I received this email a few days ago from Mr. matt stolte from Massillon -United States of America.
Sir I have read your basic electronics book course and loved it. I have been doing flat screen TV repair for about 2 years and now have my own business doing it.
I knew nothing about electronic before I started. And can easily diagnose and troubleshoot a TV and get if fixed. Normally I just swap boards unless I see some blown caps.
However I am trying to get down to component level, there is 3 things I'm trying to learn.
1 how to trace circuits to see what component controls what
2 how to locate a short where it is on PSU or main
3 if power supply doesn't have the 5v standby how I can find the bad component what components are in charge of the standby voltage
Now I'm dealing with LCD, led, plasma only
Thanks in advance
From the email Matt has raised very important questions on troubleshooting and repair at the component level and for that reason I wish to shed some light on the same.
1. How to trace circuits to see what component controls what
Modern electronics equipment contains hundreds or even thousands of components, if it’s your first time to open an electronics device like Television or computer monitor, one is usually intimated by the many components in there which look more of less like a big city connected with roads.
But if you have a good understanding on basic electronics you will notice that these are usually common components and therefore no need to panic.
This is because electronics equipment is a product of many different components (both passive and active) which work together to build a Television, DVDs, Radios or whichever other electronics equipment you see in the market.
Just like we have maps to navigate a city, we also need electronics maps to navigate electronics gadget and here I am going to explain 3 road-maps.
The block diagram helps you understand the signal flow and connections between circuit sections so you can see how they are supposed to work with each other.
The schematic diagram shows you individual components and stages so you can zero in on specific components you may want to scope or pull for testing
As the name implies this include drawings of the actual parts and shows their interconnections detailing the placement of components as they exist on circuit boards.
The best source to get these is the internet, you can easily search and get hold of them seamlessly.
2. How to locate a short where it is on PSU or main.
A Shorted component in the supply or any part of the circuit can be a source of stress to any technician.
Shorted components on the primary supply usually cause instant blowing of the safety components like the fuse or surge limiter, so next time you find any of this component open don’t just replace them and apply power because chances are high they are going to blow again unless you want to keep the manufacturer of those components in business.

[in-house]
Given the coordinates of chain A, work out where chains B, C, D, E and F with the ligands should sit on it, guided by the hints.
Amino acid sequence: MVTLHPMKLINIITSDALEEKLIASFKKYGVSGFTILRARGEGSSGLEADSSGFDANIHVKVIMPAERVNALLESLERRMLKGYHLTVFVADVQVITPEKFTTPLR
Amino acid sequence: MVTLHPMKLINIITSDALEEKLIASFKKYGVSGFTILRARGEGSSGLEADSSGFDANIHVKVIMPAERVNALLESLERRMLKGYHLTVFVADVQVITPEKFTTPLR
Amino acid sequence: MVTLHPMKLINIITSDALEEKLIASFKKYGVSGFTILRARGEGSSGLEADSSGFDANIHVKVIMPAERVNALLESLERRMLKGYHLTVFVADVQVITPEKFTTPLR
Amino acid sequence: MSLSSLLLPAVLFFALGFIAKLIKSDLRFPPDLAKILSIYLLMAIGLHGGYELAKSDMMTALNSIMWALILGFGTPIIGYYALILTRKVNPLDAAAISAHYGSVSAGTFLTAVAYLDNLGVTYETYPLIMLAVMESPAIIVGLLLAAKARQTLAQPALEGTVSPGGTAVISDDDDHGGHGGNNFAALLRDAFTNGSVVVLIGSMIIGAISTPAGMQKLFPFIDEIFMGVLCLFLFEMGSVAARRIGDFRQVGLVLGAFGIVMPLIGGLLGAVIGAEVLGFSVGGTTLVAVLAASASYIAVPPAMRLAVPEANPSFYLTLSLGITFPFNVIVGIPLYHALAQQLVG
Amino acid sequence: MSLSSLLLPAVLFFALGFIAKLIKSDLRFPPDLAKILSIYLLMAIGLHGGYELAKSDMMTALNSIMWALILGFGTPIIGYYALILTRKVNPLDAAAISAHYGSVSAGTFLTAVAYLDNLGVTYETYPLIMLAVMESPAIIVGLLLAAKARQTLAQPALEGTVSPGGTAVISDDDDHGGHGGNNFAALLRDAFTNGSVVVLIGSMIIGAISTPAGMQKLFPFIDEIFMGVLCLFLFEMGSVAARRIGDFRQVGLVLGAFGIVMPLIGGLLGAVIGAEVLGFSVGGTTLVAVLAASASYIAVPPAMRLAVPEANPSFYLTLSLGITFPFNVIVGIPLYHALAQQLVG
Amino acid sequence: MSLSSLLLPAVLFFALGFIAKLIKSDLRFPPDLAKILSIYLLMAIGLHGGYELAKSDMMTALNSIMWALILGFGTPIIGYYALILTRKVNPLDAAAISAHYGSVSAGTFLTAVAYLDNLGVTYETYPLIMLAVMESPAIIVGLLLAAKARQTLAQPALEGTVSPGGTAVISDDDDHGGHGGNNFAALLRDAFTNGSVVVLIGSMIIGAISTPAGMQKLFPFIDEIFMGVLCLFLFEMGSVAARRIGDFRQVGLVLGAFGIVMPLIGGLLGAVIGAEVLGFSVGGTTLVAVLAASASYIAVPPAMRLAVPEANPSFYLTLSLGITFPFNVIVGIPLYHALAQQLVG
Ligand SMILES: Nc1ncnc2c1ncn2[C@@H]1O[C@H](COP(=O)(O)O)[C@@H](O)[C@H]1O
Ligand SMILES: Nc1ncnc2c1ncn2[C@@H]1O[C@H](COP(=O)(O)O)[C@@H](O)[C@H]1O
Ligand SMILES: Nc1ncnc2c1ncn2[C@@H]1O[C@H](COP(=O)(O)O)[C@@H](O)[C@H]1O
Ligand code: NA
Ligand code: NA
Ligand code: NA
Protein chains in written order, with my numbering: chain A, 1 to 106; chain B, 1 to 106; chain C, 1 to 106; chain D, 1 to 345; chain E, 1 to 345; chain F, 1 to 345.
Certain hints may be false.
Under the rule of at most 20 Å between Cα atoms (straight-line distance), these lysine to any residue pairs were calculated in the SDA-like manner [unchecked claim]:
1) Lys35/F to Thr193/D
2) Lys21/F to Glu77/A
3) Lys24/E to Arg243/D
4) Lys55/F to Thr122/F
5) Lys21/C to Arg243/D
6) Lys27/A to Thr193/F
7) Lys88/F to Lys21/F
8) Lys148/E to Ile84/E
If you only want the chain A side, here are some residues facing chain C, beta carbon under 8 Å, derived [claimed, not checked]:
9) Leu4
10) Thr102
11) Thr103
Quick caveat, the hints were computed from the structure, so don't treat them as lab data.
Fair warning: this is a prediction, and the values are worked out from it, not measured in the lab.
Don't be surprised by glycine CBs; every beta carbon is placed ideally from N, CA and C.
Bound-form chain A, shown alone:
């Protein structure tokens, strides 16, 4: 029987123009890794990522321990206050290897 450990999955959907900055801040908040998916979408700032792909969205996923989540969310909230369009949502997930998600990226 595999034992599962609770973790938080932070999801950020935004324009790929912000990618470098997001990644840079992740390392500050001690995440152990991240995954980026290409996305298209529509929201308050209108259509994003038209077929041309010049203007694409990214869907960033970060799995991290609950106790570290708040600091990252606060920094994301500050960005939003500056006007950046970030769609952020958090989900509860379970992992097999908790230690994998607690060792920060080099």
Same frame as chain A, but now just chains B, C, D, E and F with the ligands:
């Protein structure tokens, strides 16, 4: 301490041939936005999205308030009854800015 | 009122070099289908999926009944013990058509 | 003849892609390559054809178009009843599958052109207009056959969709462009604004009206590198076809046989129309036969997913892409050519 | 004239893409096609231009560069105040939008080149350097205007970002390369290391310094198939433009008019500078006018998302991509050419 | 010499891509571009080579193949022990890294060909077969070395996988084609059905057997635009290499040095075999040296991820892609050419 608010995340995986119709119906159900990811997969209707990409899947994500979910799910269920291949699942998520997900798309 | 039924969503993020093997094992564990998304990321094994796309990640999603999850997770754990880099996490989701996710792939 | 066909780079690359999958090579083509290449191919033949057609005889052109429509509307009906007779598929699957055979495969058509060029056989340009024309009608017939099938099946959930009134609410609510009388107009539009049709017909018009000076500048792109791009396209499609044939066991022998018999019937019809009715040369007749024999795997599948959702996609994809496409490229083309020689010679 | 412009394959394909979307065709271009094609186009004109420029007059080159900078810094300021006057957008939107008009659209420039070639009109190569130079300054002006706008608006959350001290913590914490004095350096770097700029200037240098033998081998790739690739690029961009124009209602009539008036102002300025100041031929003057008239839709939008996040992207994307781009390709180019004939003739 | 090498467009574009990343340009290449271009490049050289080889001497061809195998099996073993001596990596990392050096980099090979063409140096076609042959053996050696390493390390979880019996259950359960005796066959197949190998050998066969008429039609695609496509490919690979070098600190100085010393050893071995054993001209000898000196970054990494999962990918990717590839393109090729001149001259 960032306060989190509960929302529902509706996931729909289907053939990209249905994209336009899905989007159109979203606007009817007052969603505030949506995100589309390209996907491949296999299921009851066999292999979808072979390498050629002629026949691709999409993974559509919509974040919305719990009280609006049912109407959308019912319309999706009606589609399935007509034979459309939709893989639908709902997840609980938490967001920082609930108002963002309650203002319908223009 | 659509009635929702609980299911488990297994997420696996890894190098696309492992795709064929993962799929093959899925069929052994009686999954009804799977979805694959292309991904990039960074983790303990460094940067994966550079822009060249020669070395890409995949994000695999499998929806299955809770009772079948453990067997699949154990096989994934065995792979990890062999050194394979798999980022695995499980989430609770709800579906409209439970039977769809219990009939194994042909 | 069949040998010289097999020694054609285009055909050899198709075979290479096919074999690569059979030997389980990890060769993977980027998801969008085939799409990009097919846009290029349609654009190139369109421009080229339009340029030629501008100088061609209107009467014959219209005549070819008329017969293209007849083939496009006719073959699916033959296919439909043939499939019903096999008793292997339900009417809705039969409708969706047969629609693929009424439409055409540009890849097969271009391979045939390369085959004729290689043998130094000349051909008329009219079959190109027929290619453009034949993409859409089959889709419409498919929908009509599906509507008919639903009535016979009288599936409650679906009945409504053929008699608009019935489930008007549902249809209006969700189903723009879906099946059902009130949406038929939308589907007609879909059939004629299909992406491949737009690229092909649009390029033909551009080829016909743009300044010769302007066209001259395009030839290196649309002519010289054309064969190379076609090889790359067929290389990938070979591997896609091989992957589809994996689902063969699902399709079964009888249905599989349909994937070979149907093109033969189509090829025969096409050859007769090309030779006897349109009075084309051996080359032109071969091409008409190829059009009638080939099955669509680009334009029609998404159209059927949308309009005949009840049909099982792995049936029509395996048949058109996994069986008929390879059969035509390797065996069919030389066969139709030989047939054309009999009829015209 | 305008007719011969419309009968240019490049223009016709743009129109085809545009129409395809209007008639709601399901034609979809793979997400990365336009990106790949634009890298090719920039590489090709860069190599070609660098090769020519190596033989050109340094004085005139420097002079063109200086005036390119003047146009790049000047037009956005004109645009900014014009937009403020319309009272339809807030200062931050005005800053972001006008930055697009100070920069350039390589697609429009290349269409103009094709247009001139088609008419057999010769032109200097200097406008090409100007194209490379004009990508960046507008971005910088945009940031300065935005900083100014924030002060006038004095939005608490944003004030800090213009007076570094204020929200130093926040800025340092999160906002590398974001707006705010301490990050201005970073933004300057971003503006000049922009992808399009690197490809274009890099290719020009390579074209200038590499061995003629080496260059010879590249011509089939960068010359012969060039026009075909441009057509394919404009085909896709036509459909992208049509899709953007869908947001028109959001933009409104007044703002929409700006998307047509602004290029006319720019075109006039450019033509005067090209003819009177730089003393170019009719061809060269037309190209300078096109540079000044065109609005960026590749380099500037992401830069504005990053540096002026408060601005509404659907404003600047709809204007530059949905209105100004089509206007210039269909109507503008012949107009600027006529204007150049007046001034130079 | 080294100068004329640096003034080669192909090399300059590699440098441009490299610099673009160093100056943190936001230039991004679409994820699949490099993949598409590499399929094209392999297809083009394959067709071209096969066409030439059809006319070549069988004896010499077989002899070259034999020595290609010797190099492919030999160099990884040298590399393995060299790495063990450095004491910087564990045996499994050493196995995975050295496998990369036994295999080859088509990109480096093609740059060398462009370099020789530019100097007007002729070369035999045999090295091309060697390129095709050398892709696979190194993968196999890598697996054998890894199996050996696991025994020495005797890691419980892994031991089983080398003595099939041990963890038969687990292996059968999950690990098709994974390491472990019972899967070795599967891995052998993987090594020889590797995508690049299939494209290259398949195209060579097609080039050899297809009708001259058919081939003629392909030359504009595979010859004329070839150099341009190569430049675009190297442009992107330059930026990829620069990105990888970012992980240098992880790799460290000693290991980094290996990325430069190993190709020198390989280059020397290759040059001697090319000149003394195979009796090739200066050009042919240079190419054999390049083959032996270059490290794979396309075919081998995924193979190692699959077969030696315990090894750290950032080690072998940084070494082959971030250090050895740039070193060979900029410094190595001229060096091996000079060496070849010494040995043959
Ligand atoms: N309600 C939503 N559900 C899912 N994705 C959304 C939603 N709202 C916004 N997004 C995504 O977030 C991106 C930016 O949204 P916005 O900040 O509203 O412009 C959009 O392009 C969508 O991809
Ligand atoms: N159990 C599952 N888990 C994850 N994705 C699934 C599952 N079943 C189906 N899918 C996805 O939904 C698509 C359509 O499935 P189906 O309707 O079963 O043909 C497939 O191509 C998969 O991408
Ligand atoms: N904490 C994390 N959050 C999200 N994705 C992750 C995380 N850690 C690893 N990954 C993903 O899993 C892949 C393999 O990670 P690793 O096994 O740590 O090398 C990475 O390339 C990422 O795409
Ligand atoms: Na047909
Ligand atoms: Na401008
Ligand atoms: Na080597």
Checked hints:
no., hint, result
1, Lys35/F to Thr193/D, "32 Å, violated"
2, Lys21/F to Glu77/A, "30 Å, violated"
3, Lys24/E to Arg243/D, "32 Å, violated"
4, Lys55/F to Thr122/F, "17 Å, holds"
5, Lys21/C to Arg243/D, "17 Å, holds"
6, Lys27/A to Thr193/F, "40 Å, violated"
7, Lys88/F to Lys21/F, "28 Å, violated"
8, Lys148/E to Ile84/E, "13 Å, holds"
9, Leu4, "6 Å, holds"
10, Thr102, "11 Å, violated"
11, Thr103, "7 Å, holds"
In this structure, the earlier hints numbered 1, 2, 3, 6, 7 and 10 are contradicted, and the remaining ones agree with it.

The most suspect components which fail by shorting includes, transistors, diodes, ics, capacitors…
Most of them fail catastrophically and therefore you will not need any meter to confirm besides your set of eyes.
Sometimes components also short without any visual signs and this is where meter comes in handy.
Component which short usually have one leg on the live line and other leg on the ground, so after the component short it actually join the live and the ground together.
Usually electrolytic capacitors are used to filter line voltages and therefore have one leg on the live and the other on the ground.
So the best place to start troubleshooting a short line is testing between the positive (+) and negative (-) pins of electrolytic capacitors.
For example testing across the main capacitor with your meter set to low ohm should tell you if the line is shorted or not.
Please note that getting low ohm reading across the capacitor is not an indication that the actual capacitor is shorted but indicate a shorted component on that line which the capacitor is filtering.
You may decide to lift one leg of the component on that line one by one till you stop getting the beep, the last component to isolate and the beep disappear is the actual culprit.
If you suspect an ic is shorted just solder out the main supply pin of this ic and test again and if the beep is gone then the ic is the culprit.
Transistors usually short C-E junction and therefore whenever you test these two legs with a meter and find same reading either way of the meter means it is shorted.
3. If power supply doesn't have the 5v standby how I can find the bad component what components are in charge of the standby voltage.
Standby power is electrical power used by appliances or equipment when not performing their primary functions, often waiting to be activated by remote control or power on button.
A good example is the computer ATX power supply, if you get a new ATX power supply and check its output voltages, you will not get any voltage except on the violet line.
This is called standby voltage and always have +5 volts. To activate other voltages then you will have to press the power on button on your computer or if the supply is not connected to the computer then just hook the green pin (PS-ON) to the ground and other voltages will show up...
If you find the standby voltage is not present don’t continue troubleshooting until you get what is blocking this voltage, trace backward to locate what is blocking it.
All the best guys